To pump or not to pump?
Bypass surgery can now be carried out on a beating heart
Reviewed by Dr Kosin Thupvong, Bangkok Hospital, Bangkok, Thailand
Most major surgeries are performed with anesthesia, not just to minimize the pain that, say, yanking out an appendix would cause to someone awake and unmedicated, but also to keep the patient still while sharp objects are in the area. Imagine trying to repair the blood vessels of the heart while it continued to beat—thump, thump, thumping away as a razor-sharp scalpel is maneuvered in a small space, where a mistake can cost someone their life. Which is why, until recently, most open-heart surgery has been performed “on pump,” while the heart is no longer beating and a machine temporarily takes over the work of the heart and lungs. These days, though, surgeons leave the heart and lungs to do their jobs and “stabilize” the heart just enough to work on it. This is sometimes called “off pump” surgery. As with every situation where your chest is cut open and your heart fiddled with, there are risks and benefits to both these methods.
The heart is a pump with pipes that carry blood to it and from it, and it requires oxygen-rich blood to function. This blood flows to the heart through the coronary arteries. These arteries can become narrowed or completely clogged by plaque, causing a number of problems. If these arteries cannot be successfully treated with lifestyle changes, medications, or angioplasties, bypass surgery is often the only remaining option.
Coronary artery bypass surgery, also known as coronary artery bypass graft (with the fun acronym CABG, pronounced “cabbage”) is one of the most common heart surgeries performed all over the world. During surgery a section of a healthy vein or artery in the body of the patient is removed. This vessel is that attached above and below the damaged artery, bypassing it altogether. Blood flow then resumes in the newly grafted blood vessel, like taking a detour off the highway when traffic hasn’t budged in three hours.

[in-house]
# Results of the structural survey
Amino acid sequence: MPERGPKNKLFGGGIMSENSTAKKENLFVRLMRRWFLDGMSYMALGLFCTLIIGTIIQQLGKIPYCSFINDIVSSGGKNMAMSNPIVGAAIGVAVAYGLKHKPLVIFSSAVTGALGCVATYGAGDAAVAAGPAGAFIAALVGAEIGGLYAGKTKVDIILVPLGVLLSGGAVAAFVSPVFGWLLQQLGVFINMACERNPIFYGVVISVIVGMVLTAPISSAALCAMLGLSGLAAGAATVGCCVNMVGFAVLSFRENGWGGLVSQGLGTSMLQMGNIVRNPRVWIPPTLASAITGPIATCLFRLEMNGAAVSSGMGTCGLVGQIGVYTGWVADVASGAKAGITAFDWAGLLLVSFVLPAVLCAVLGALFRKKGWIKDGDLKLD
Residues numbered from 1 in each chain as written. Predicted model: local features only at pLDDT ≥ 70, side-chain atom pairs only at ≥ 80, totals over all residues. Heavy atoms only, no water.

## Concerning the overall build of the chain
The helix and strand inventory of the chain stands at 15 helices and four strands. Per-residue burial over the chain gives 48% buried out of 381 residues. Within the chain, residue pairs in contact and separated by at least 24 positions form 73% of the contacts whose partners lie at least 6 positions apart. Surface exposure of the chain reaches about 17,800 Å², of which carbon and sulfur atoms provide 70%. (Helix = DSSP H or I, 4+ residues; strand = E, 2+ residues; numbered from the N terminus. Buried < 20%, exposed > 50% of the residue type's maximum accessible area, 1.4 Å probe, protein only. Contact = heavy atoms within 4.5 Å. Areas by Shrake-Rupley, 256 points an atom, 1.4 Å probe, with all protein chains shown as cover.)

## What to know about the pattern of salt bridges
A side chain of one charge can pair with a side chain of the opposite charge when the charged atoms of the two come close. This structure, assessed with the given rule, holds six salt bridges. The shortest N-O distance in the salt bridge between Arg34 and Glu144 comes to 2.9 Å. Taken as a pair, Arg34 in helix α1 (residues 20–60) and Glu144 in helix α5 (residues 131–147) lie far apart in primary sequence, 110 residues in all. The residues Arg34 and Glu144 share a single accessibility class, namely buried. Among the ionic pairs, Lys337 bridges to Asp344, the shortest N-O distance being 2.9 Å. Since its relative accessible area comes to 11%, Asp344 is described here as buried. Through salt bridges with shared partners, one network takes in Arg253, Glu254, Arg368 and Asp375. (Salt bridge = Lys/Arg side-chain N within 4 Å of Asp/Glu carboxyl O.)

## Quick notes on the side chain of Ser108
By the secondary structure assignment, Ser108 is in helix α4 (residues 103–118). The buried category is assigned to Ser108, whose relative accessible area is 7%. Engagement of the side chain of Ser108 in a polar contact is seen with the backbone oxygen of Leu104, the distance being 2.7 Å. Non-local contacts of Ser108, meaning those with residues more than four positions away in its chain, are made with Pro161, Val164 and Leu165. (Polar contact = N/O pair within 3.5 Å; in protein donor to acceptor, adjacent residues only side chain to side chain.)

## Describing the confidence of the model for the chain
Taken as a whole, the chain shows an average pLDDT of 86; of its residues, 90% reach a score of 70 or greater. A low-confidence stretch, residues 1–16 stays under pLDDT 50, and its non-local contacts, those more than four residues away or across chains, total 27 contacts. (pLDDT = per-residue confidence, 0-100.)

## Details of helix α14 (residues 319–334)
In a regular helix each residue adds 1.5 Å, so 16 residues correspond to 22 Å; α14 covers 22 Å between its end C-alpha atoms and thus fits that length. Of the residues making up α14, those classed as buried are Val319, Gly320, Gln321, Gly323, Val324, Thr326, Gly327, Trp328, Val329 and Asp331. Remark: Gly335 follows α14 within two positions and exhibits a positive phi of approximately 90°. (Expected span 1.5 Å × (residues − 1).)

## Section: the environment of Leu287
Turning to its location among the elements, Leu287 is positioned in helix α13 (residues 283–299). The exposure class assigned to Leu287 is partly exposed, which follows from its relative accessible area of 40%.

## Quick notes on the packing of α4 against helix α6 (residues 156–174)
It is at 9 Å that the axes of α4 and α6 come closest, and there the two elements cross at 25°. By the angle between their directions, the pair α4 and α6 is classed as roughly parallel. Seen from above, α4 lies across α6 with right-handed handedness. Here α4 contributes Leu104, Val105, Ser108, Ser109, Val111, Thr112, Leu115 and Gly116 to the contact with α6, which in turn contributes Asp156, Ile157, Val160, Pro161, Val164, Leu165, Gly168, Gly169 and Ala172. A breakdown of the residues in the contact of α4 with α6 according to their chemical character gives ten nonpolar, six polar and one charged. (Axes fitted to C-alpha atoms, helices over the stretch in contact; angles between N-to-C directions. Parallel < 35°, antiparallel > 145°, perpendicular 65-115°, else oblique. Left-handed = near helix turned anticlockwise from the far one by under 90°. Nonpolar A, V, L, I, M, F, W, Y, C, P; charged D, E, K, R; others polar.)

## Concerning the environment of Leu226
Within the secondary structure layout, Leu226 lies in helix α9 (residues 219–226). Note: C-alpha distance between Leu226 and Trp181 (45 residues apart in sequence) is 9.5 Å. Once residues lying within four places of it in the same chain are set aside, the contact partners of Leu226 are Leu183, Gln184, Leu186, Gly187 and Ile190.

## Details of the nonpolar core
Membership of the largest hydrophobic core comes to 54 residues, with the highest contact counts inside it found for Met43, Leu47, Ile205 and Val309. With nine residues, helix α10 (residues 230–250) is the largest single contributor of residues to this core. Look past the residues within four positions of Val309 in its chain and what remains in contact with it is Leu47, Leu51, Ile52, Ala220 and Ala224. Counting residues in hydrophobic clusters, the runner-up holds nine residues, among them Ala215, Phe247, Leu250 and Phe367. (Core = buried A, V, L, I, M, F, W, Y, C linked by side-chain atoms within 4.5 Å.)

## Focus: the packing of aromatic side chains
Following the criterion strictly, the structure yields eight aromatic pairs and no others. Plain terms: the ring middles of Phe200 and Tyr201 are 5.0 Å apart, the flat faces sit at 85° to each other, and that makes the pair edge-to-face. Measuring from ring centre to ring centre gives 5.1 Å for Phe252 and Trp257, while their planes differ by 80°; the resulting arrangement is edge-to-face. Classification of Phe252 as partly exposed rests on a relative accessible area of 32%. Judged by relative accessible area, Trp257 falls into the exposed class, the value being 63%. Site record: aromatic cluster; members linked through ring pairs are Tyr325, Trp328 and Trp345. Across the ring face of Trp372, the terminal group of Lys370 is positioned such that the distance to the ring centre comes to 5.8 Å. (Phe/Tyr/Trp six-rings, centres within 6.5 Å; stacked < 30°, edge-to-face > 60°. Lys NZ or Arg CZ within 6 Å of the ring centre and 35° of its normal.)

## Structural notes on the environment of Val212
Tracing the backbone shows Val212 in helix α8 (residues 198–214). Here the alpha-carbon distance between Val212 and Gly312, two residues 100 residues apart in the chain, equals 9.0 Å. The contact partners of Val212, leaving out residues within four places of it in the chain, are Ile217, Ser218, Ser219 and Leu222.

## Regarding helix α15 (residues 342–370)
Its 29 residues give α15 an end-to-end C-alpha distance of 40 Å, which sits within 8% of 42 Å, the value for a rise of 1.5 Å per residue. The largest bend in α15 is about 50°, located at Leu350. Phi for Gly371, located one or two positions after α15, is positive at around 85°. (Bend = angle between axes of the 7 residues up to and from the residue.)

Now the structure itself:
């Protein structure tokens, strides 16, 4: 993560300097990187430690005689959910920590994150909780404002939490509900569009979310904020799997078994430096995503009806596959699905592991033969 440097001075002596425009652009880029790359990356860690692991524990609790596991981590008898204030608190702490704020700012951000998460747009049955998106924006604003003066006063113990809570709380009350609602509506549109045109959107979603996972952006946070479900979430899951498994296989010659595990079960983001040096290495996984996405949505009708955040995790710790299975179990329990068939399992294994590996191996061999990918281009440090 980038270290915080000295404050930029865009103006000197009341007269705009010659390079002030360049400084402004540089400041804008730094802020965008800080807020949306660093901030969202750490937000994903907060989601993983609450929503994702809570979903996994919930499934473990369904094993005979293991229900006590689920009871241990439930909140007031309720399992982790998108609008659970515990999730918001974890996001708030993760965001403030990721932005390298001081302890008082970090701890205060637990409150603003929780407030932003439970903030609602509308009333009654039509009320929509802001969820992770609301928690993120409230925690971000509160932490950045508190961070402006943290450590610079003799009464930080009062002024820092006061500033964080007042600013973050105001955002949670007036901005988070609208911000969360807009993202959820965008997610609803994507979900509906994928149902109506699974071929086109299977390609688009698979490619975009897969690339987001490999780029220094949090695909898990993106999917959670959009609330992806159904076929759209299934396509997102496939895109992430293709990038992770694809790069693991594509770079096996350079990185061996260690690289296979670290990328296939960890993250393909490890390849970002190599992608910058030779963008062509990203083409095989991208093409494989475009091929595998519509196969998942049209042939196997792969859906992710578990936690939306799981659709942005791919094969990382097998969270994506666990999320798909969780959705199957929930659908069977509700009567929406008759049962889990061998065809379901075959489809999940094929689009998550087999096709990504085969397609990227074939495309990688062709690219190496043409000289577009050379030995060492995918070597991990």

On-pump bypass surgery
Traditionally medication is used to stop the heart during bypass surgery. A heart-lung machine, or a cardiopulmonary bypass machine, is attached to temporarily take over the functions of the heart and lungs, so the patient is breathing and blood continues to circulate in the body. The machine acts like a heart would, removing carbon dioxide from the blood that flows through it and sending back oxygenated blood to flow through the body. After the graft is attached the machine is turned off and the heart and lungs resume their normal functions. The heart is usually stopped for 30 to 90 minutes during a three to six-hour surgery.
Associated problems with on-pump bypass surgery include postperfusion syndrome (caused by air bubbles from the heart-lung machine that flows to the brain), hemolysis, capillary leak syndrome, and air embolism. Because the heart is without blood for a period, reintroducing blood to the tissue once the heart-lung machine is turned off can cause impairment in the function of the heart. The heart tissue can also become damaged while it is not beating. (Who knew opening up the chest and stopping the heart could be so risky?)
Off-pump bypass surgery
Off-pump bypass surgery, also known as “beating heart surgery,” was developed to counteract some of the risks associated with the traditional bypass surgery. Instead of using a heart-lung machine, off-pump surgery is performed on a beating heart that is held still with a mechanical stabilizer. Blood flow to and from the heart never stops and the lungs function normally. If the heart is never stopped, there is less risk of damage to the heart, compared with traditional bypass surgery. Patients who undergo off-pump bypass surgery usually recover more quickly.
With benefits come different risks. Off-pump bypass surgery is very difficult to perform and the learning curve is steep. It takes a long time and a lot of experience for a cardiac surgeon to become adept at working on a beating heart. Studies have also shown that in some patients, on-pump surgery reduces the risk of stroke and heart attack after the procedure. Other research has shown no difference in the long-term risks of both types of surgeries.
To pump or not to pump?
On-pump bypass surgery has been performed longer than beating heart surgery, and that in itself is a benefit of the more traditional method. Cardiac surgeons are better at on-pump bypass surgery and often feel more comfortable performing it. The risks and benefits of traditional surgery is better known. There is no doubt, though, that in time more and more bypass surgeries will probably be carried out on hearts that continue to beat. Each patient is different, with varying complications and risk levels, and the method of surgery considered must take all those factors into account.
Did you know?
- CAD develops in almost half of all heart transplants, but symptoms go undetected because the nerves leading to the heart are cut during a transplant.
- CAD may be diagnosed using one or more of the following diagnostics procedures: electrocardiogram (ECG), a stress test, nuclear scanning, and coronary angiography.
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